Rothstein: A call for action this Memorial Day — and every day

Upfront, I would like to take a moment and recognize all those in our community who have served or are currently serving, as well as any who have lost a loved one in service. We are humbled by your sacrifices.

In 1982, President Reagan shared the following: “In America's cities and towns, flags will be placed on graves in cemeteries; public officials will speak the sacrifice and the valor of those whose memory we honor. In 1863, when he dedicated a small cemetery in Pennsylvania, Abraham Lincoln noted the swift obscurity of such speeches. Well, we know now that Lincoln was wrong about that particular occasion. His remarks commemorating those who gave their ‘last full measure of devotion’ were long remembered. But since that moment at Gettysburg, few other such addresses have become part of our national heritage — not because of the inadequacy of the speakers, but because of the inadequacy of words.”


Therefore, who am I to believe the words I share will have deeper meaning than those who have spoken before me? What I can share with you is what Memorial Day means to me as a man, a son, a brother, a husband, a father, a veteran, and most of all as an American.

In my view, it’s not a time to shy away from barbecues and the beginning of summer. Those two simple activities along with all the Memorial Day parades and dedications are out there giving us the opportunity to be together with family and friends. That opportunity for togetherness is WHY Memorial Day is so important and should be embraced. Our first obligation is to honor, remember, AND share. We honor and remember that our freedom is not free and that the courage of those men and women who gave their “last full measure of devotion” did so knowing with that purpose in mind.

I’ve been taught and often share the sentiment that the strength of our nation is born from the 1-2% of those that wear the uniform, and their strength comes from the families that support them every day with selfless courage and no hesitation. I take that sentiment a step further believing that the strength of our servicemen and women along with the families come from our community, and Carroll County has proven that with action.

I recently attended another packed house at our Carroll County Veterans Advisory Council where the continued services to our veterans and their families from needs in health care, transportation, housing, resiliency & wellness, etc are discussed and ideas are shared and acted on from our county, non-profit service organizations, and the community at large. It is a true testament in “Deeds not Words.”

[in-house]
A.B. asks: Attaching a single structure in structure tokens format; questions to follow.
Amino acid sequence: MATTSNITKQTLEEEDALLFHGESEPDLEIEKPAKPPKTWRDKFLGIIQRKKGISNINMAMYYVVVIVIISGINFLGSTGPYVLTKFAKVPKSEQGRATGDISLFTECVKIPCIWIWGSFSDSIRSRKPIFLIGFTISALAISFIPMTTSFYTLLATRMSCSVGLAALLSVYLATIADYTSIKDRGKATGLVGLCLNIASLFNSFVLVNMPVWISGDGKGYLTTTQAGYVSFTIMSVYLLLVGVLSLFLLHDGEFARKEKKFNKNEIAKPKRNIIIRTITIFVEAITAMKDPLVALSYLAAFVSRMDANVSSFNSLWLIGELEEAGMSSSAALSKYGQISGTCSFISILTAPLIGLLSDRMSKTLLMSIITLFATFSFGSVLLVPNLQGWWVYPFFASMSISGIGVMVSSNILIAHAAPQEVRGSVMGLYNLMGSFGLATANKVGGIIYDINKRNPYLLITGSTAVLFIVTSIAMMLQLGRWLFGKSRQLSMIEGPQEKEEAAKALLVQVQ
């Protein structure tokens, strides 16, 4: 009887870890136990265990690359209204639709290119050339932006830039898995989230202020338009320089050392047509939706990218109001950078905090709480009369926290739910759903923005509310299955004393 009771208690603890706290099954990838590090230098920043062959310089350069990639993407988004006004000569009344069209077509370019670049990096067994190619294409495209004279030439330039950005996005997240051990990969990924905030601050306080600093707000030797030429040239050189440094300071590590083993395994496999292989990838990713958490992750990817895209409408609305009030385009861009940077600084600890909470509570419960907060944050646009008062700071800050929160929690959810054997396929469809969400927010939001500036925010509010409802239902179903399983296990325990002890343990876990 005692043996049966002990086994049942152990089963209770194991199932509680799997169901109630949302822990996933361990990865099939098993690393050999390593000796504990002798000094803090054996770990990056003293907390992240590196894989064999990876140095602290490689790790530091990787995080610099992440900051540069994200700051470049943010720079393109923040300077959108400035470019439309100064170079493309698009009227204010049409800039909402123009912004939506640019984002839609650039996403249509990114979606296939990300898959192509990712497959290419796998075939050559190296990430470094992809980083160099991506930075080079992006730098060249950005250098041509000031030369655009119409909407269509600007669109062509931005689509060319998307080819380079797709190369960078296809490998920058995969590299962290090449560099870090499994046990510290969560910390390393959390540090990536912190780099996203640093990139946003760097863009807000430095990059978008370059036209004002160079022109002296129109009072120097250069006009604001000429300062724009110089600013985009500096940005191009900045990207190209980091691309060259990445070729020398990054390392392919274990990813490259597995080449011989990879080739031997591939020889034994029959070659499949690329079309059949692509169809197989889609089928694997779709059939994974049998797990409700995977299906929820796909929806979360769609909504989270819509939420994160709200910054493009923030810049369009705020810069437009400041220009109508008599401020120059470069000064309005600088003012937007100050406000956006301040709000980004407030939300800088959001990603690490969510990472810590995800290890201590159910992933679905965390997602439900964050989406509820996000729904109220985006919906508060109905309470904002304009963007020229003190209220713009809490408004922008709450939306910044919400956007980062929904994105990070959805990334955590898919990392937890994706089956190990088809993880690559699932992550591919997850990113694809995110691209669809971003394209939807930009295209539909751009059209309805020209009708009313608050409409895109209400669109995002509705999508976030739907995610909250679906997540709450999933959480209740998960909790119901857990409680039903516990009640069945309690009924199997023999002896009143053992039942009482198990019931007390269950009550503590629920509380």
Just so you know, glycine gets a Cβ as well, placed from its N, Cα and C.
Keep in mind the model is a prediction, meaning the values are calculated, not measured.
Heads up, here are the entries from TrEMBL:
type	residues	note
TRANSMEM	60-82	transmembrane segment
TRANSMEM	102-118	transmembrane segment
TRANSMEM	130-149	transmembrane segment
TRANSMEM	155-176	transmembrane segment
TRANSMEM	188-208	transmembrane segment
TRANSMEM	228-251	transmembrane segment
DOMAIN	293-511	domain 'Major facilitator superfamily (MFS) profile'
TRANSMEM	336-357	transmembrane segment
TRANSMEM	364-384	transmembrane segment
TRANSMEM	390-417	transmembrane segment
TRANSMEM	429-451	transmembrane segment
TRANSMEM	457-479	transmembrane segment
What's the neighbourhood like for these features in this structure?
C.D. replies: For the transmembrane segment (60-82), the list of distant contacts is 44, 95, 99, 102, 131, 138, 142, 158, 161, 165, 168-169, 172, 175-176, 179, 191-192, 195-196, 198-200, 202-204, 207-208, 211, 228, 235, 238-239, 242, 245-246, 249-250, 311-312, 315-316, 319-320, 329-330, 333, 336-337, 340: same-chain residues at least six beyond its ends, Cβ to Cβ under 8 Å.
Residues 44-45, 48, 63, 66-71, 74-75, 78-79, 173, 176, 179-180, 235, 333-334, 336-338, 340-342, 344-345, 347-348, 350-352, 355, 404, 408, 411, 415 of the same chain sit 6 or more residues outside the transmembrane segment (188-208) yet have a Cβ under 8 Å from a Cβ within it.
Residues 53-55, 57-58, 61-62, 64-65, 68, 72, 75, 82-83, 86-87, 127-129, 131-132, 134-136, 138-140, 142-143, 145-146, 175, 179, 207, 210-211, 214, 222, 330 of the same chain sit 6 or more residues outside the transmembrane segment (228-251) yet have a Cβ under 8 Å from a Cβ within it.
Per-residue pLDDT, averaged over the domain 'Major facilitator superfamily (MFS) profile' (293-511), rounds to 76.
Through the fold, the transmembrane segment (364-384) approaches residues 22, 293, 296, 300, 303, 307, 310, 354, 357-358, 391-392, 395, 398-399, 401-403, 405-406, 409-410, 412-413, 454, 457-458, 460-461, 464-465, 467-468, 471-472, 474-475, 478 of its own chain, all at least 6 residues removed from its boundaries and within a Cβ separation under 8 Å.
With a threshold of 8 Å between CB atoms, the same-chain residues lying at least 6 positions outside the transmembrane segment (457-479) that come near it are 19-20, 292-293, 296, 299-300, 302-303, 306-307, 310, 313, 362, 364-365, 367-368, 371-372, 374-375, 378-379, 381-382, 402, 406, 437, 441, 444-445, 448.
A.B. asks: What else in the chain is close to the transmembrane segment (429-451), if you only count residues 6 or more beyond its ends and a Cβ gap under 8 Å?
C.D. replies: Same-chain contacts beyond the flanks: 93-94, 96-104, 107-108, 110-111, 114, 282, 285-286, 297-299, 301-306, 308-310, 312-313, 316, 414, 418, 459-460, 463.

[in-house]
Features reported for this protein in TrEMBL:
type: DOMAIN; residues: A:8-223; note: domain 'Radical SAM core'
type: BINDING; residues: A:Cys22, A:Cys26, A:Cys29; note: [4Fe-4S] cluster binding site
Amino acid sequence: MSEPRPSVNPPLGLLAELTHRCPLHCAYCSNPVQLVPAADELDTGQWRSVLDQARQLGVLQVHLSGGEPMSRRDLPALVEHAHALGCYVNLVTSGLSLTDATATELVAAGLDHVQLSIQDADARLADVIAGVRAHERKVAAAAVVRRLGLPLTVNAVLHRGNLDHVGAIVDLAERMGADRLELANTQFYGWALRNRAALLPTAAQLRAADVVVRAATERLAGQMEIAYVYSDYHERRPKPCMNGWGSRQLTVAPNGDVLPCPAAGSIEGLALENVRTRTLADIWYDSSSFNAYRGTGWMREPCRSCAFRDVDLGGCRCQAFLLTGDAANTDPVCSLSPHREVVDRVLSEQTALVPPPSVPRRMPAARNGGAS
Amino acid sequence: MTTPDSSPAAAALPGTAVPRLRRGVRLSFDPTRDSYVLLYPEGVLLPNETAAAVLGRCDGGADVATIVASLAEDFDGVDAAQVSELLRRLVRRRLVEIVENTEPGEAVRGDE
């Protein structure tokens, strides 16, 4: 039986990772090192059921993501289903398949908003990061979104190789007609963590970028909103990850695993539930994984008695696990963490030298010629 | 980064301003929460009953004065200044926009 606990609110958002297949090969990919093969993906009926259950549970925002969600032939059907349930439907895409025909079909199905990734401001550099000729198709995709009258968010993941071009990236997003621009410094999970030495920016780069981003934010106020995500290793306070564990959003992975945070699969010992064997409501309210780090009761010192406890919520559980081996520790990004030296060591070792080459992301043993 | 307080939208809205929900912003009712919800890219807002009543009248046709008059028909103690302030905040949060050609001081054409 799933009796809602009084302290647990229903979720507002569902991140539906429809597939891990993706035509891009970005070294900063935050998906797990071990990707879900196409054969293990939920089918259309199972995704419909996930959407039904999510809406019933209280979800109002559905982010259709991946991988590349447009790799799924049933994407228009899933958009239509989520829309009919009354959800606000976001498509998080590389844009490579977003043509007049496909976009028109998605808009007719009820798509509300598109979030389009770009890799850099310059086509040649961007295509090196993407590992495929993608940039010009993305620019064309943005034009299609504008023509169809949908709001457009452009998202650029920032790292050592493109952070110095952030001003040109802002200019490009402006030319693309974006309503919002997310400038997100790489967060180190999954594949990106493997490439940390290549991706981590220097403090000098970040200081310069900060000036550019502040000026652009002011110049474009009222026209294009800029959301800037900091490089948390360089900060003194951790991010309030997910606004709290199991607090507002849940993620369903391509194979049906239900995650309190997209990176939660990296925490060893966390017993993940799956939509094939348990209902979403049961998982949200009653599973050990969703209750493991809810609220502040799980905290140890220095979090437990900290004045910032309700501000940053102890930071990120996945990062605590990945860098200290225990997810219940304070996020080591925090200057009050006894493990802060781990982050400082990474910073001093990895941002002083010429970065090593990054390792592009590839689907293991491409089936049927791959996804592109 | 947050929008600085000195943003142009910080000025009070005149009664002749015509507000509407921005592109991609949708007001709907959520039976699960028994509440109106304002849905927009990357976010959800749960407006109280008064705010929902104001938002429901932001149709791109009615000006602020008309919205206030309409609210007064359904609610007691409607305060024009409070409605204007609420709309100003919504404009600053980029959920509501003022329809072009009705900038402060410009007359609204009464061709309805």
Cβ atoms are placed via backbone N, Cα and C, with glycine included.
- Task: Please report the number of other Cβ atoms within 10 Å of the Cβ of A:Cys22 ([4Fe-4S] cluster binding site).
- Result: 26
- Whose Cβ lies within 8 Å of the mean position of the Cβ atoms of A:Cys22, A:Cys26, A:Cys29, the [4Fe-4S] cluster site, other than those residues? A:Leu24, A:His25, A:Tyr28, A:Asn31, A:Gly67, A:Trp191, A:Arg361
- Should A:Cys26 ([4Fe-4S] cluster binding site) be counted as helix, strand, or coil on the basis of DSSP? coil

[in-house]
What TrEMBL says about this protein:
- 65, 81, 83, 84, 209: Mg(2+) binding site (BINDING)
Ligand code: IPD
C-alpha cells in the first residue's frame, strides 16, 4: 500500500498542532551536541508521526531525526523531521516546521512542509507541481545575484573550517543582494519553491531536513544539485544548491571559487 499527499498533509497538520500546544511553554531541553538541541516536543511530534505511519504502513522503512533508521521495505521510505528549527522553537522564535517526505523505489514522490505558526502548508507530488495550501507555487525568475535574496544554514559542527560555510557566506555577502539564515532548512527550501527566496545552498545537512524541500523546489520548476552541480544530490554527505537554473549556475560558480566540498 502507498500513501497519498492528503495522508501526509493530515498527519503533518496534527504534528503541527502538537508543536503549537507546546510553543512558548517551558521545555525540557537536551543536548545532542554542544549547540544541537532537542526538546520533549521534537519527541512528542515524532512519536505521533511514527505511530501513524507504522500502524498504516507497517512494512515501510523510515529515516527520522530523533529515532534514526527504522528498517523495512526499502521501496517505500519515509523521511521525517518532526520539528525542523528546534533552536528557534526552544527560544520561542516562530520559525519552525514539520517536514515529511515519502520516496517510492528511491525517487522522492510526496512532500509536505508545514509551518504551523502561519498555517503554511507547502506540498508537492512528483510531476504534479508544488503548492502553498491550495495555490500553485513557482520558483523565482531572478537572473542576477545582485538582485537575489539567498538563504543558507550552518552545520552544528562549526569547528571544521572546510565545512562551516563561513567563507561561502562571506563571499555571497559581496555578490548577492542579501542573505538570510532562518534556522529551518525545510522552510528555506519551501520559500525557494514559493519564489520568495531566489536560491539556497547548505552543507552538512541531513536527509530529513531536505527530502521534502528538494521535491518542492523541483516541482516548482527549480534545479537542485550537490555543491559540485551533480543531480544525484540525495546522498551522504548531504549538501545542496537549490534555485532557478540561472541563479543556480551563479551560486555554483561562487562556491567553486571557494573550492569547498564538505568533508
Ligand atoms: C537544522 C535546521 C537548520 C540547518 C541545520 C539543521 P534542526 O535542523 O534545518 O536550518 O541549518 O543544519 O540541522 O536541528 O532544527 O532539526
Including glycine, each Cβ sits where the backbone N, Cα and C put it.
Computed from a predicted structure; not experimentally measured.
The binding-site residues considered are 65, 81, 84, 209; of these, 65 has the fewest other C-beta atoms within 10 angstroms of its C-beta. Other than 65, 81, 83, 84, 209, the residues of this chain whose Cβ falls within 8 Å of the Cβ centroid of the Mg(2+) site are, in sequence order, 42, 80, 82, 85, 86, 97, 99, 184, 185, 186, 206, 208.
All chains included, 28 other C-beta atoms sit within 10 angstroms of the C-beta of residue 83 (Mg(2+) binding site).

It is because WE understand that Freedom is not Free; WE understand that loved ones go forward into harms way while others do not; we understand that separation from families during birthdays, graduations, and holidays is part of that sacrifice; WE understand that those who have given the “Ultimate Sacrifice” did so because of loyalty, honor and love. All of those ideas are why WE celebrate Memorial Day. It IS a time of reflection, paying tribute and honor those who have given their “last full measure of devotion,” AND an opportunity to understand WHY they did so taking their obligations freely, without any mental reservation or purpose of evasion.

As we honor the memories and reflect on WHY those that served charged forward with the idea that our American values is worth the fight, let us pledge that their lives, their sacrifices, their valor shall be justified, remembered, AND not end with memories and reflection on a single day. Let’s make this the catalyst for action. Remembering and memorializing those who have fallen are often done through annual ceremonies, dedications, plaques and flagpoles.

All of these are valuable; however, a real tribute to honor those memories can be done through everyday actions from a thank you; to contributions of time/service/dollars; to getting to know our neighbors, ensuring if they are a veteran, they are identified and aware of all the services available to them and their families; to getting involved in the community organizations that care for our Veterans and their families. For me, the WHY is simply put that those who gave their lives allow US to live free in a place where we can gather and thank those around us along with remembering those who have given the ultimate sacrifice while celebrating who we are as Americans in an awesome Carroll County community. Life is good.

Retired Col. Ed Rothstein is Carroll County’s commissioner for District 5.